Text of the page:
Thanks to anyone who might have any thoughts or advice.
 

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I don't really have any advice, but the poor boy appears to be inflamed with something...so no infections found?
 

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I have two cats who occasionally suffer bouts of interstitial cystitis (inflammation of the urinary tract with unknown cause). In fact, Somer had an episode just yesterday for a few hours. This problem is often stress-triggered. How does your kitten get along with your other cats? Is there anything stressing him out, esp. on the days when this problem arises?

Laurie
 

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I have a cat that has had interstitial cystitis. He kept having all the symptoms of a UTI but everything kept coming back normal. The vet put him on Cosequin (for cats), and he has not had anymore symptoms in a couple years. They said to keep him on it for the rest of his life.
 

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Discussion Starter #6
He gets along great with the other cats, they play really well with each other. They chase each other all over the house. Mostly they look like they are having a good time. I had to give him his first B-12 shot on my own tonight and let's just say I would never make a very good nurse. I broke the first needle getting the lid off, I stuck myself the second time and the third time he ran off in the midst of trying to stick him so I'm not even sure if I managed to give him any B-12 at all. So if this is brought on by stress and I think I just created a whole lot of that on my own. Omg!
 

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Discussion Starter #7
I have a cat that has had interstitial cystitis. He kept having all the symptoms of a UTI but everything kept coming back normal. The vet put him on Cosequin (for cats), and he has not had anymore symptoms in a couple years. They said to keep him on it for the rest of his life.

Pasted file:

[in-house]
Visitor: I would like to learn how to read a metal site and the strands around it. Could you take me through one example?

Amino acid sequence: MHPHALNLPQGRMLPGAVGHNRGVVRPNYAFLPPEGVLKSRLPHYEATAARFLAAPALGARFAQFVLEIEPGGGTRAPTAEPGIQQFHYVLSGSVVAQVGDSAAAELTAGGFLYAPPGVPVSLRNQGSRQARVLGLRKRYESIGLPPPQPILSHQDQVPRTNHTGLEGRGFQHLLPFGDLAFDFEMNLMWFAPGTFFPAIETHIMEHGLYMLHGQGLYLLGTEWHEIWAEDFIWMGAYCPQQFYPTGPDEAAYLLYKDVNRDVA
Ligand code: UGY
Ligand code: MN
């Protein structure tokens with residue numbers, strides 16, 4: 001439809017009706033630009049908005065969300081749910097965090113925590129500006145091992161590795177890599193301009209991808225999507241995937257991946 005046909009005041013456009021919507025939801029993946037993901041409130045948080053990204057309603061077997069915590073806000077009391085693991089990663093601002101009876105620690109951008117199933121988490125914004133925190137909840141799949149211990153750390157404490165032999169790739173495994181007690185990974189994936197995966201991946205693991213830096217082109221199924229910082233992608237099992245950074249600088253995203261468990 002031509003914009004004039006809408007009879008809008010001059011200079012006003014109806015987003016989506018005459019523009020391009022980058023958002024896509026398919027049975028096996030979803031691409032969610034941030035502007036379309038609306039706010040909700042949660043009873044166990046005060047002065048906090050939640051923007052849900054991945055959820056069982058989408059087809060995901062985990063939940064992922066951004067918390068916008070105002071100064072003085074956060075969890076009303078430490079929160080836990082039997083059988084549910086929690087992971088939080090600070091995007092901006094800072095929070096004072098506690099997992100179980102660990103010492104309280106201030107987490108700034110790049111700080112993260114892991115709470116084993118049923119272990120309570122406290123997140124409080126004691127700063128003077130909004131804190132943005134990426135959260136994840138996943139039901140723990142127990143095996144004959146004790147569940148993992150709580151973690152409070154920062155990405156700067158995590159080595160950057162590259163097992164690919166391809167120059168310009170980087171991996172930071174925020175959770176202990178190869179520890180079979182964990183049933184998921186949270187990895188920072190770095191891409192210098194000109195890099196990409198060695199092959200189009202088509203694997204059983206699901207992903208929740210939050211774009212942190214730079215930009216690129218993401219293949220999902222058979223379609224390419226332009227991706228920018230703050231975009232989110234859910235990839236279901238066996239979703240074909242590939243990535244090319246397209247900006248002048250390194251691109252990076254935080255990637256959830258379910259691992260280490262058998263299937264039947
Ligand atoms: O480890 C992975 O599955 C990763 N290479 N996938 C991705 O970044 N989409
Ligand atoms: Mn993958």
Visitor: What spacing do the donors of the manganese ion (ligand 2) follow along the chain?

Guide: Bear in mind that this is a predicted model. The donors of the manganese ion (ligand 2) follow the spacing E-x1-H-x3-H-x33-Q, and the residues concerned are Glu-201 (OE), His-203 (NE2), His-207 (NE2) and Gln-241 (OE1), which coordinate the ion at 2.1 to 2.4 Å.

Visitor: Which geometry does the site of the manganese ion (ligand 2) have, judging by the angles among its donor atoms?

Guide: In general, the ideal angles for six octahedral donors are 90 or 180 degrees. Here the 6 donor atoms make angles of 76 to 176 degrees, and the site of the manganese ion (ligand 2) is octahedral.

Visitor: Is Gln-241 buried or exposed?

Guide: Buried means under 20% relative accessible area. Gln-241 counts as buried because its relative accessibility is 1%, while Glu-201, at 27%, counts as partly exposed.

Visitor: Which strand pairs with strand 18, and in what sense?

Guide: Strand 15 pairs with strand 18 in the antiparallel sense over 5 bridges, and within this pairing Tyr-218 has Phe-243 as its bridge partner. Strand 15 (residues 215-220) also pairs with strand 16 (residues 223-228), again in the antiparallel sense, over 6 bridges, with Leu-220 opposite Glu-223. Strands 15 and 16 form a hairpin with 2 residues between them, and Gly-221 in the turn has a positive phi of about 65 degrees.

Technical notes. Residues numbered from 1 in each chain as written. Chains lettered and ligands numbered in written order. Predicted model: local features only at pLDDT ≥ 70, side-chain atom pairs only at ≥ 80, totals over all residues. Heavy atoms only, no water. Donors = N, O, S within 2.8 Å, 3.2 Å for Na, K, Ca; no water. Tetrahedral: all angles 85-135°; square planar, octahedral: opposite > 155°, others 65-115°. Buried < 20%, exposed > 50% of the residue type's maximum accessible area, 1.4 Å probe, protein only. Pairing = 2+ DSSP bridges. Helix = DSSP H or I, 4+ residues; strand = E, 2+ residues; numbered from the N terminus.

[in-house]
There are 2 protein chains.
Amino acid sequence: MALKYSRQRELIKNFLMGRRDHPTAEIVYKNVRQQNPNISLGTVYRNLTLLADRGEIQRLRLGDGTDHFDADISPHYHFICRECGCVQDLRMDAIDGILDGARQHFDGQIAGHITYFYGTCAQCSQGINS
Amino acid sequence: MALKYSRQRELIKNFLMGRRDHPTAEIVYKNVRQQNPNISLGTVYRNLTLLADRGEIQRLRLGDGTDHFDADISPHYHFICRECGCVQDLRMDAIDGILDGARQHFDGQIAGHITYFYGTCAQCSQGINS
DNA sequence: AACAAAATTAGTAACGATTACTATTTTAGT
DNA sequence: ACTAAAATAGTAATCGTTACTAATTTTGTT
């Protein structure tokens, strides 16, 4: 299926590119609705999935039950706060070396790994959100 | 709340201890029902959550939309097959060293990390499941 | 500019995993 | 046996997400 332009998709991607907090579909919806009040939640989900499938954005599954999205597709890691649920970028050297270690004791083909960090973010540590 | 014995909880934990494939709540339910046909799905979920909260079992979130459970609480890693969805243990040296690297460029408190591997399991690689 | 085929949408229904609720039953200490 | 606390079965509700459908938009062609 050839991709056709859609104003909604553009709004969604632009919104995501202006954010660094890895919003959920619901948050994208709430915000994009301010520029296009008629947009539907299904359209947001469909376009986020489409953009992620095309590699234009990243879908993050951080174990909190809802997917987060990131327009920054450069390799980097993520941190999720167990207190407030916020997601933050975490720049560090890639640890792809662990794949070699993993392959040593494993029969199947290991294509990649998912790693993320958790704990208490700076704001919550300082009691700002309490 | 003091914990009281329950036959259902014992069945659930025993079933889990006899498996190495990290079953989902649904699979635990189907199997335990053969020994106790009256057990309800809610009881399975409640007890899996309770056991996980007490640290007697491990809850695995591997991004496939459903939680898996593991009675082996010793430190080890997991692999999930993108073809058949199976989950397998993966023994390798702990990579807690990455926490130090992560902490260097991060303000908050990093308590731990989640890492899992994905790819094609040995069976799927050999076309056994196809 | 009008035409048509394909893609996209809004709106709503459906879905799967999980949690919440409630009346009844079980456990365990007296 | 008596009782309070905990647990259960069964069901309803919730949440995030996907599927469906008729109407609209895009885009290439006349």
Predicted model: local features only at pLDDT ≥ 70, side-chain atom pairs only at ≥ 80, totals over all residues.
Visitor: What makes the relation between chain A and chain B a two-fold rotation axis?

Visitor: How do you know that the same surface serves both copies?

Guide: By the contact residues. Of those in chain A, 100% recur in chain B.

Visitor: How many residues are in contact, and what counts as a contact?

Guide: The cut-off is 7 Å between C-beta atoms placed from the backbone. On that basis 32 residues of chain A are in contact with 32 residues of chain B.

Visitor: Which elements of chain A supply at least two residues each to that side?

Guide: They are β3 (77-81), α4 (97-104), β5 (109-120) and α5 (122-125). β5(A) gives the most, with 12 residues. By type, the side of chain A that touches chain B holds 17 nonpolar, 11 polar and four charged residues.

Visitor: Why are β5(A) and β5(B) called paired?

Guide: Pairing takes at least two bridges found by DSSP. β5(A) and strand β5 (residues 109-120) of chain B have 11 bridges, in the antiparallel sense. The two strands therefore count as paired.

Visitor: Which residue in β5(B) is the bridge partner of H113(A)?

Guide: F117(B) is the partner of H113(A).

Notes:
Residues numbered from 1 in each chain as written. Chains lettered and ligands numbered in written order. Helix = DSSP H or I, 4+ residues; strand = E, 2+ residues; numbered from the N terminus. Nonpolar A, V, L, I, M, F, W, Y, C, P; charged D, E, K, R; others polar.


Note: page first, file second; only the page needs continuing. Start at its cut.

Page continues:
Thank you for that. This is why I joined this forum. I figure a million heads are better than one! I will be making a call to my specialist tomorrow about the cosequin. I'm sure she will want to wait until after we wait for the next urine concentration test. The two things she is looking at are his kidneys or intestines for answers.
 

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One way to diagnose the problem is to take him into the vet while he is having trouble trying to urinate and have the vet catheterize his bladder and culture the urine. If the problem is cystitis, there will be no bacterial growth; if there is growth, it is an infection either of the bladder or the kidneys. There is also a problem with male cats and intake of magnesium salts which can cause lower urological syndrome. Poor little guy sounds to be very distressed. I hope the cosequin or something helps. Differential diagnosis can be very difficult in these cases.